Background: Community multidisciplinary teams (MDTs) represent a model of integrated care comprising health, social care, and the voluntary sector where members work collaboratively to coordinate care for those patients most at risk.
Aim: The evaluation will answer the question, 'What are the enablers and what are the restrictors to the embedding of the case study MDT into the routine practice of the health and social care teams involved in the project?'
Method: The MDT was evaluated using a mixed-method approach with normalisation process theory as a methodological tool. Both quantitative and qualitative data were gathered through a questionnaire consisting of the NoMAD survey followed by free-form questions.
Results: The concepts of the MDT were generally clear, and participants could see the potential benefits of the programme, though this was found to be lower in GPs. Certain professionals, particularly mental health and nursing professionals, found it difficult to integrate the MDT into normal working patterns because of a lack of resources. Participants also felt there was a lack of training for MDT working. A lack of awareness of evidence supporting the programme was shown particularly within management, GP, and nursing roles.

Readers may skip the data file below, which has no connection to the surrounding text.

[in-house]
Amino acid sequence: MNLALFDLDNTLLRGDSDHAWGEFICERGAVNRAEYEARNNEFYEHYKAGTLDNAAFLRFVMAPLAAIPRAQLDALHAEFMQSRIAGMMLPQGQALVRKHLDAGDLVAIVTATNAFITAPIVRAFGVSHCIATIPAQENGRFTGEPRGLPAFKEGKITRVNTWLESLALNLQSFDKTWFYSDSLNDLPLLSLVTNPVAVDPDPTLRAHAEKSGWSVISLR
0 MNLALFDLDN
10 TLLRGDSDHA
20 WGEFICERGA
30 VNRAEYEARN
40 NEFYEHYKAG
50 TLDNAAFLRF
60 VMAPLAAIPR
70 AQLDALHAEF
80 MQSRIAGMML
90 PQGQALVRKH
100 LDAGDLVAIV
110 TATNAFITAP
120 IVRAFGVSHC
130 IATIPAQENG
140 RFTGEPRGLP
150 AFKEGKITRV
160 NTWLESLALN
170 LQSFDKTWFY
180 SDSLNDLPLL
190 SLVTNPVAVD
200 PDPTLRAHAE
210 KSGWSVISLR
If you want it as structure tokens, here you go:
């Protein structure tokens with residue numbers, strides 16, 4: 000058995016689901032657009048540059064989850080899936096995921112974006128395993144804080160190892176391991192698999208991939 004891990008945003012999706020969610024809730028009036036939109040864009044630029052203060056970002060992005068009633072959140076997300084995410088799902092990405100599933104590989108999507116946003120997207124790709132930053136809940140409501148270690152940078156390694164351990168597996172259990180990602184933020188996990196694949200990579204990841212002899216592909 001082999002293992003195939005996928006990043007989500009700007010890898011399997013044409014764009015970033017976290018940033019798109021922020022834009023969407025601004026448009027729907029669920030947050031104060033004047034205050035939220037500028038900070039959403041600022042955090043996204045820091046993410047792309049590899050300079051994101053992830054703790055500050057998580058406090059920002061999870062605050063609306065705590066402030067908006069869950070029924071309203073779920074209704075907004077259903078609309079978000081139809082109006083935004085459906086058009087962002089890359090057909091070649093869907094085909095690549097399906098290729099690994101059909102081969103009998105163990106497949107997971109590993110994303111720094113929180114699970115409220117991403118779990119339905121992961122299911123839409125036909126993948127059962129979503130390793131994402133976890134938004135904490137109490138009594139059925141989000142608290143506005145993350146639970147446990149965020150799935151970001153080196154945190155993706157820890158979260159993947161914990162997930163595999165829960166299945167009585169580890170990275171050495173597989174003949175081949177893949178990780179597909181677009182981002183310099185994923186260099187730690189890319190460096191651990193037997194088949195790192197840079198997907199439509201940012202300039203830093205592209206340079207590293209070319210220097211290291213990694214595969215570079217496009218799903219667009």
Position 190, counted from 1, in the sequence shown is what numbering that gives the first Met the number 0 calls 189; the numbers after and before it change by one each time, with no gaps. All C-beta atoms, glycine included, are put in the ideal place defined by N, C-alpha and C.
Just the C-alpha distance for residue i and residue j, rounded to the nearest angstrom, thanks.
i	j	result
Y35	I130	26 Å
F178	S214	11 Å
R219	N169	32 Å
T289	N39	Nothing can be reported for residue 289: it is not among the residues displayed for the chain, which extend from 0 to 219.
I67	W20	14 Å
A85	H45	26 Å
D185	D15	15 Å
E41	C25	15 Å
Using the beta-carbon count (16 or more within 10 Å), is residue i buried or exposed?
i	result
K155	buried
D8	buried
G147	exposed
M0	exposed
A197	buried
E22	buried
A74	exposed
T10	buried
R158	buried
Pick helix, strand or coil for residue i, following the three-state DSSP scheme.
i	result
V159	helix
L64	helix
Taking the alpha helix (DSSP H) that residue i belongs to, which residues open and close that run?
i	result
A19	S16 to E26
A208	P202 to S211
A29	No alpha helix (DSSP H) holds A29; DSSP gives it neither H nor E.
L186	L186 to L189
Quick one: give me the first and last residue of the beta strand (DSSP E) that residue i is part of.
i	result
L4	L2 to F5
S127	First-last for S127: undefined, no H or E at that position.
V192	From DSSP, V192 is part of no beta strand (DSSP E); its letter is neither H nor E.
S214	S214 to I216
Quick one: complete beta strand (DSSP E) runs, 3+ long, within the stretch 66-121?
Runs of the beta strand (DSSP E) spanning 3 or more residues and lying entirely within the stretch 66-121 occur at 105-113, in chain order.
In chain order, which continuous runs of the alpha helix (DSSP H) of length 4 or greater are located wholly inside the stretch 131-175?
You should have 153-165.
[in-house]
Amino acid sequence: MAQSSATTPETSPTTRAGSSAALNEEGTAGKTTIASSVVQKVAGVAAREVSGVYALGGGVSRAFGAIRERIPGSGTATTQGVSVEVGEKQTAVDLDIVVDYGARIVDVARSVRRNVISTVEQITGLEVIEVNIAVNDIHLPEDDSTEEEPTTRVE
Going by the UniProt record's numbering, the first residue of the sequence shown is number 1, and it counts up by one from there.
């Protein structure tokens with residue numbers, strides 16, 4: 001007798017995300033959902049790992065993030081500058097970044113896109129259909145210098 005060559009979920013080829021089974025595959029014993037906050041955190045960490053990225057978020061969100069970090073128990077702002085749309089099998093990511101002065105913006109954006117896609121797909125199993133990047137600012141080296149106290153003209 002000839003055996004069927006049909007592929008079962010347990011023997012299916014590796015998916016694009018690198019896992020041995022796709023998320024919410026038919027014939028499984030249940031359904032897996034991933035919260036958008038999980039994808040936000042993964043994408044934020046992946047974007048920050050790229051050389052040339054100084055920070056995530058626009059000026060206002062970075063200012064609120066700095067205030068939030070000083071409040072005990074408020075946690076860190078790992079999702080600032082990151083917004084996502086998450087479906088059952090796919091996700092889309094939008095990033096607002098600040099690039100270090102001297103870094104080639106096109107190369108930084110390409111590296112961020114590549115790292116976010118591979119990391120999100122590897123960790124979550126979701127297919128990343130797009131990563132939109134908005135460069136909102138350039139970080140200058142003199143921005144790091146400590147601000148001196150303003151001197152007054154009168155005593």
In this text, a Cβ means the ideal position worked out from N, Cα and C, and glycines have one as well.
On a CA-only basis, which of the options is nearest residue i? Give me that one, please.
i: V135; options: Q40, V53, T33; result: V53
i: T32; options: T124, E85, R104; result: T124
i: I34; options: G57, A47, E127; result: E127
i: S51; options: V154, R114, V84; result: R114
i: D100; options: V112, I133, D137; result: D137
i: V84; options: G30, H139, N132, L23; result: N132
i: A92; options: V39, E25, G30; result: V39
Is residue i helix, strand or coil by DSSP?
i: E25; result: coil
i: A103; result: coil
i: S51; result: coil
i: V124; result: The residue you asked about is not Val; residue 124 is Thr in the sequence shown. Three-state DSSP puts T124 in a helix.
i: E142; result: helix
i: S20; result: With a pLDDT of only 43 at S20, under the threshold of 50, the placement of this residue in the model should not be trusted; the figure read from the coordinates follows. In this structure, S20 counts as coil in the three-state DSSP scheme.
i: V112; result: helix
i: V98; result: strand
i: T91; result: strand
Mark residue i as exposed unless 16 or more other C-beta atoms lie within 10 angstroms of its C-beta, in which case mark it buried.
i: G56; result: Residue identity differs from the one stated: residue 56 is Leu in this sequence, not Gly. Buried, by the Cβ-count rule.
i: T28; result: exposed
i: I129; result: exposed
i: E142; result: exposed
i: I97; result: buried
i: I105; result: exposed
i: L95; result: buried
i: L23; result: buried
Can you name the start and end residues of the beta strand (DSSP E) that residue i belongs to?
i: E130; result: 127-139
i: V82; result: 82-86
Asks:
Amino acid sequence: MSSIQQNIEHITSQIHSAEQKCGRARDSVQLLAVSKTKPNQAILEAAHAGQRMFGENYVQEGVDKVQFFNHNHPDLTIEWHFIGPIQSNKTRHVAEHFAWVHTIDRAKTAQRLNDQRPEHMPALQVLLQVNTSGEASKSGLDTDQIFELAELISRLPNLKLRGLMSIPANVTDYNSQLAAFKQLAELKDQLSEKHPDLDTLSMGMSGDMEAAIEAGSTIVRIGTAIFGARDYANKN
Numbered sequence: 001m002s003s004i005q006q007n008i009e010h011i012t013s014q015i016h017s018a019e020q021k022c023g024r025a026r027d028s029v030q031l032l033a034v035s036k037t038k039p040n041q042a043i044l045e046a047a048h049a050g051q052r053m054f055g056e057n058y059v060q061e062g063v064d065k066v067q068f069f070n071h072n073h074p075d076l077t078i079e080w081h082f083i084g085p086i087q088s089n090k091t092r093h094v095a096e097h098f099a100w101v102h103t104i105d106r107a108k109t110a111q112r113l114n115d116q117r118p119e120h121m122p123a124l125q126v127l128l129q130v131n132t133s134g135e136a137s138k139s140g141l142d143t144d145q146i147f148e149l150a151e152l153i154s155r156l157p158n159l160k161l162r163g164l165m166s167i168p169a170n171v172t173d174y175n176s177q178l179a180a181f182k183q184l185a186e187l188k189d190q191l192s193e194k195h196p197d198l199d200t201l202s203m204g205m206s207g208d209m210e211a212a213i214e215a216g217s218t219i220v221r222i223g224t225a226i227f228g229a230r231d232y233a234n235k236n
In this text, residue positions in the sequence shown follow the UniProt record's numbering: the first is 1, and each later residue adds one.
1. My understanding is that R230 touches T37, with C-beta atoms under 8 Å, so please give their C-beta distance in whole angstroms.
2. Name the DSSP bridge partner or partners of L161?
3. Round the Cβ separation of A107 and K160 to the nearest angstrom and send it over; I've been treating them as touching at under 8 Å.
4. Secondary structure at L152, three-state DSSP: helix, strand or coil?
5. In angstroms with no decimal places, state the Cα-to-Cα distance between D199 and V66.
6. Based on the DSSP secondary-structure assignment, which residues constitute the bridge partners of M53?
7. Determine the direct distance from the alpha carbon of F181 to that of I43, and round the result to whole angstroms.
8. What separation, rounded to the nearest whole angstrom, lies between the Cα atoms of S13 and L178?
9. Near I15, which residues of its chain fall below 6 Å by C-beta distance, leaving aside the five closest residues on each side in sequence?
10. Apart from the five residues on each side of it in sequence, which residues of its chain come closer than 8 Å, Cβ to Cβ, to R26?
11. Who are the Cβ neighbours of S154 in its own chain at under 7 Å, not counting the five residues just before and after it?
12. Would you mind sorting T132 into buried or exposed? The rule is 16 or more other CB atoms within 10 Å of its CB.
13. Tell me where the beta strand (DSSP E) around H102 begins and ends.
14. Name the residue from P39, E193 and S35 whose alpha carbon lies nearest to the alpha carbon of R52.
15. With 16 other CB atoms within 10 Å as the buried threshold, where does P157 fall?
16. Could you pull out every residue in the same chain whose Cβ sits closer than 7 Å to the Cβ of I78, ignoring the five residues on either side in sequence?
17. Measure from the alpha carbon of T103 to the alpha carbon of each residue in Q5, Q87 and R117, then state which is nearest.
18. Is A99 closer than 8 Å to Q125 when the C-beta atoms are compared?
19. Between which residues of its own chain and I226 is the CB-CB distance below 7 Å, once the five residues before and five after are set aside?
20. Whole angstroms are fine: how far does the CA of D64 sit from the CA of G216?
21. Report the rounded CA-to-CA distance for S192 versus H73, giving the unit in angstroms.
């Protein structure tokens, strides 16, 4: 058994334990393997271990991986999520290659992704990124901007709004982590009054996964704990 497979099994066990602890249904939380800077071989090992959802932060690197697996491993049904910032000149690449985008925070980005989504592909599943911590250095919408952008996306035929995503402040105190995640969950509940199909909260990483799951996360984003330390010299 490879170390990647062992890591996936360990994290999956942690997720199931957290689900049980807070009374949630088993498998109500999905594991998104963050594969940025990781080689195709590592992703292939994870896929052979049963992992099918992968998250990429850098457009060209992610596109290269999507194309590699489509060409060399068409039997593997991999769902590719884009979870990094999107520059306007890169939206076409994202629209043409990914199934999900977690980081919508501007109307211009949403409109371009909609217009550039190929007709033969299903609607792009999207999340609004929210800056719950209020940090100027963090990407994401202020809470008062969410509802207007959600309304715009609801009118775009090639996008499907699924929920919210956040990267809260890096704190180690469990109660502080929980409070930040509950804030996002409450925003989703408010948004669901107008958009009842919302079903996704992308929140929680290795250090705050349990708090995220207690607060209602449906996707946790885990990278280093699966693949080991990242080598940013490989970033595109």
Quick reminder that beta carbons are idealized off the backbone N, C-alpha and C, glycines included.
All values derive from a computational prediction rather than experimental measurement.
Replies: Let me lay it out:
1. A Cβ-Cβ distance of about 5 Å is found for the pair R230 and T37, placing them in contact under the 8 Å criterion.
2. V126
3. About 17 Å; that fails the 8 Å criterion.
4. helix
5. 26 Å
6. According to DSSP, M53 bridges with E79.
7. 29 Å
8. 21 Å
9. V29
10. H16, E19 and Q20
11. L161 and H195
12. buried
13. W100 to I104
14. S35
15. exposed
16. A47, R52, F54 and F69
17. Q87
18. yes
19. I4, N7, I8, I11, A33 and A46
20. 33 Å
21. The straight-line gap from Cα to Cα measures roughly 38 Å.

Conclusion: Specific recommendations have been made in order to improve the MDT under evaluation. These include adjustments to IT systems and meeting documentation, continued education as to the purpose of the MDT, and the engagement of GPs to enable better buy-in. Recommendations were made to focus the agenda with specialist attendance when necessary, and to expand the MDT remit, particularly in mental health and geriatrics.
© British Journal of General Practice 2020.